Director Susanna White, best known for her work in British television, is to be commended for bringing a lightness and swiftness that the first film was sometimes lacking. The cast helps too. As Isabel, Maggie Gyllenhaal (Crazy Heart, The Dark Knight) manages a consistent-sounding British accent and a luminous presence that brings warmth to the story. The child actors—especially Asa Butterfield as Norman Green—bring real spark and humanity to their broadly drawn characters. British television actor Bill Bailey is outstandingly funny as a local farmer with a great admiration for the intelligence of pigs. And Emma Thomson's influence in the film community is evidenced by the bevy of respected actors who provide delightful supporting and cameo roles in the film, including Ralph Fiennes, Ewan McGregor, and Dame Maggie Smith.
Less successful is the normally sharp Rhys Ifans (Notting Hill, Enduring Love), who plays the film's villain in the form of Isabel's grating brother-in-law Phil. A co-owner of the farm, Phil is desperate to sell it in order to pay off a gambling debt, and he spends the entire movie trying to convince Isabel to sign papers relinquishing the family homestead. The storyline surrounding Phil and the two creepy "hit women" sent to obtain either Phil's farm or his kidneys is more annoying and border-line disturbing than funny, although it does provide the necessary adversity to fuel the story.
Still, tiresome villain aside, Nanny McPhee Returns is a success. It starts off a bit slowly, exploiting the barnyard storyline to make ten or twenty too many jokes about "poo." But soon, the film begins picking up a delightfully silly head of steam. Before long—right around the time CGI-rendered piglets become acrobatic synchronized swimmers—the charm of the cast, the whimsy and heart of the story, the playfulness of the Burton-esque set design, and the absurdity (and British-ness) of the humor all conspire to make the return of this magic nanny a sparkling, winking, whirling dervish of family fun.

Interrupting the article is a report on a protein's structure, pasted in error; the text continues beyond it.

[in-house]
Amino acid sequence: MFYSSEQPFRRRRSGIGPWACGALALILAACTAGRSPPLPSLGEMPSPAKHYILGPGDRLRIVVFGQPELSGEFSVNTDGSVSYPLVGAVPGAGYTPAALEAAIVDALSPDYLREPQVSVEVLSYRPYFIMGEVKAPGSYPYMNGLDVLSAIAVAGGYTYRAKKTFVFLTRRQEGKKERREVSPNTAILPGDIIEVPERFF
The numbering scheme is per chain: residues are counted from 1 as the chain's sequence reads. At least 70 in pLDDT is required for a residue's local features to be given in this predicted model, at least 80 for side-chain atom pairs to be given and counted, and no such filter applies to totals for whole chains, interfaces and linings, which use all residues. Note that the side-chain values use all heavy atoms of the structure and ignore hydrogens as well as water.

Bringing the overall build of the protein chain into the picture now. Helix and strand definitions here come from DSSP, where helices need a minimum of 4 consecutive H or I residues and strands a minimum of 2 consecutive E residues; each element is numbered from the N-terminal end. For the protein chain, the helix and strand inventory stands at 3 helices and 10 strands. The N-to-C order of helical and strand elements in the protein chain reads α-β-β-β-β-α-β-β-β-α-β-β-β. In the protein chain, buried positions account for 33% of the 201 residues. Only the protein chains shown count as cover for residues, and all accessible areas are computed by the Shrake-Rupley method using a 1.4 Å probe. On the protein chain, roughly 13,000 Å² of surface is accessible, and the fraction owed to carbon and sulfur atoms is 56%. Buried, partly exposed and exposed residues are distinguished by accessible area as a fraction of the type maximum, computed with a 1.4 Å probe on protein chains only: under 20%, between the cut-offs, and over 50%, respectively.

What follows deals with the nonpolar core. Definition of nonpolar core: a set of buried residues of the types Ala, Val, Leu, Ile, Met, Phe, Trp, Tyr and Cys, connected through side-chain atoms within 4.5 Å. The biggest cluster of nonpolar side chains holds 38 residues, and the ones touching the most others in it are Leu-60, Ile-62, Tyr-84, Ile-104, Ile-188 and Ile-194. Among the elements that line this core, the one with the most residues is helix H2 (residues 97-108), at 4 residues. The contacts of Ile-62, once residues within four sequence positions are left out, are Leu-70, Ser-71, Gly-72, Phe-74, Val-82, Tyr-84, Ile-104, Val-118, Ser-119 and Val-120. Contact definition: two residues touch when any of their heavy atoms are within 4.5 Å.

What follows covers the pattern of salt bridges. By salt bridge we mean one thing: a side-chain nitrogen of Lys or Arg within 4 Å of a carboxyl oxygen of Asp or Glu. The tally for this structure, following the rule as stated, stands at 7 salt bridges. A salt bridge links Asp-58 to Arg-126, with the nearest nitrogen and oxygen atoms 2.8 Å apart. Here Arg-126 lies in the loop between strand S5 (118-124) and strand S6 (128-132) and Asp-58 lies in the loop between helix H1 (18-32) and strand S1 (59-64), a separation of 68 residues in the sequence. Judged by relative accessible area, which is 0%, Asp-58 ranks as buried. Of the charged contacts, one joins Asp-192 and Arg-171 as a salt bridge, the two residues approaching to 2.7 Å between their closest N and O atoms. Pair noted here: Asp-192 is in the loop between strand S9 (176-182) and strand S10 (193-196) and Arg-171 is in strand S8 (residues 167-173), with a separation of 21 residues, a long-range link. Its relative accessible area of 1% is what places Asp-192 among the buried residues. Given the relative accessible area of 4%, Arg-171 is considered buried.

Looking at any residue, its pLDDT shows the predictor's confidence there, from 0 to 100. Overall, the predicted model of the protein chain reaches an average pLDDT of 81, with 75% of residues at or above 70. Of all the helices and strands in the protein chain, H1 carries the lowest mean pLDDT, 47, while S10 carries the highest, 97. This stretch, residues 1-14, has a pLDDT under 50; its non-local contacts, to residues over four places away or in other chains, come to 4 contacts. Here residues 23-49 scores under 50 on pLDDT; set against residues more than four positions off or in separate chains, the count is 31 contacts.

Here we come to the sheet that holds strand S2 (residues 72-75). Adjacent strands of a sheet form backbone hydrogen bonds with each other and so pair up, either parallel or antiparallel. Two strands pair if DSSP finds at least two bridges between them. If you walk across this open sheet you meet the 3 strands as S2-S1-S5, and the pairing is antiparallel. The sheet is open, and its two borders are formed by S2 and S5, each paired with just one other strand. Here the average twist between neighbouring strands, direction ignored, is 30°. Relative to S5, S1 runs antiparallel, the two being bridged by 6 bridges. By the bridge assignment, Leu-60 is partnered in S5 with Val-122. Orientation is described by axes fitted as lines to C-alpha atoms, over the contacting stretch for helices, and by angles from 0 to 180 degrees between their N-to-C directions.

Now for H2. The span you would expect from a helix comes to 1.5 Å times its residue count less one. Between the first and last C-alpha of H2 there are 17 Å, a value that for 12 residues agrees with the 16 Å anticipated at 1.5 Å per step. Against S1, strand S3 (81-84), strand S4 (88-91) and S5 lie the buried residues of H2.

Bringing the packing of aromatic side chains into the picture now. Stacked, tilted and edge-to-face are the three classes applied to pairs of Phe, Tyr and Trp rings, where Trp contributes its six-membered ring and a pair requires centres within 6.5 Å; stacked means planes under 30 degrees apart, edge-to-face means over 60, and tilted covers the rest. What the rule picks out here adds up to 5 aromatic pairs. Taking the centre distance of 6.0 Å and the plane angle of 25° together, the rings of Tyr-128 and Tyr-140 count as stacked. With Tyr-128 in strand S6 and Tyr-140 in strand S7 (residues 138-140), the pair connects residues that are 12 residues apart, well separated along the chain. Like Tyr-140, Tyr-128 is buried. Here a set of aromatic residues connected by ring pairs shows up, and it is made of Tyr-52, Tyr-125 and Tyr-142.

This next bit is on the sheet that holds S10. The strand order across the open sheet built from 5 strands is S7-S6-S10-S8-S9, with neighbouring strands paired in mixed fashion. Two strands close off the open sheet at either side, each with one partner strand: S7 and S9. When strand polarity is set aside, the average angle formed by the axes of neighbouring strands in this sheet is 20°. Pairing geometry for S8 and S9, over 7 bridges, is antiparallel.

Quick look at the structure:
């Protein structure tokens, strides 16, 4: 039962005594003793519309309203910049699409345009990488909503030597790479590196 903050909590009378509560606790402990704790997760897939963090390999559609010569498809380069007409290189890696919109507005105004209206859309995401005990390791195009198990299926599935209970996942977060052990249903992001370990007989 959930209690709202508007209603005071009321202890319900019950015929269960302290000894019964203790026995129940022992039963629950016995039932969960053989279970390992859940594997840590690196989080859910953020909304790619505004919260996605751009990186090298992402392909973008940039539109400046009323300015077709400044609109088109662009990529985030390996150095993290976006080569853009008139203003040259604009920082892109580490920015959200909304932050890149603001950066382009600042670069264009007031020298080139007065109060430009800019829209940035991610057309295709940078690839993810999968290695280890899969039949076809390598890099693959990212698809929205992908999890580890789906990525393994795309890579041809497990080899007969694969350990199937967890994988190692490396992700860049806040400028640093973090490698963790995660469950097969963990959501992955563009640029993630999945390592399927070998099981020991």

Talk About ItDiscussion starters
- Why do you think Nanny McPhee looked more beautiful the longer she was with the children? Do you think the lessons we learn affect not only how we act, but also how we see other people?
- Was Cyril right to confront his father? What should a son or daughter do when he or she believes a parent is wrong?
- What do you think about stories with elements of magic in them? Is it OK for Christians to enjoy them? Are there any stories about magic or supernatural powers you have chosen not to read or watch? Why or why not?
The Family Corner
Nanny McPhee Returns is rated PG for rude humor, some language, and mild thematic elements. The film has no profanity but lots of scatological humor (mostly to do with the digestive systems of animals) and, in the children's unruly phase, plenty of impolite conversation and name-calling. It is virtually free of sexual content or innuendo. The fantastical elements and occasional sense of peril may be frightening for young children.
Photos © Universal Studios.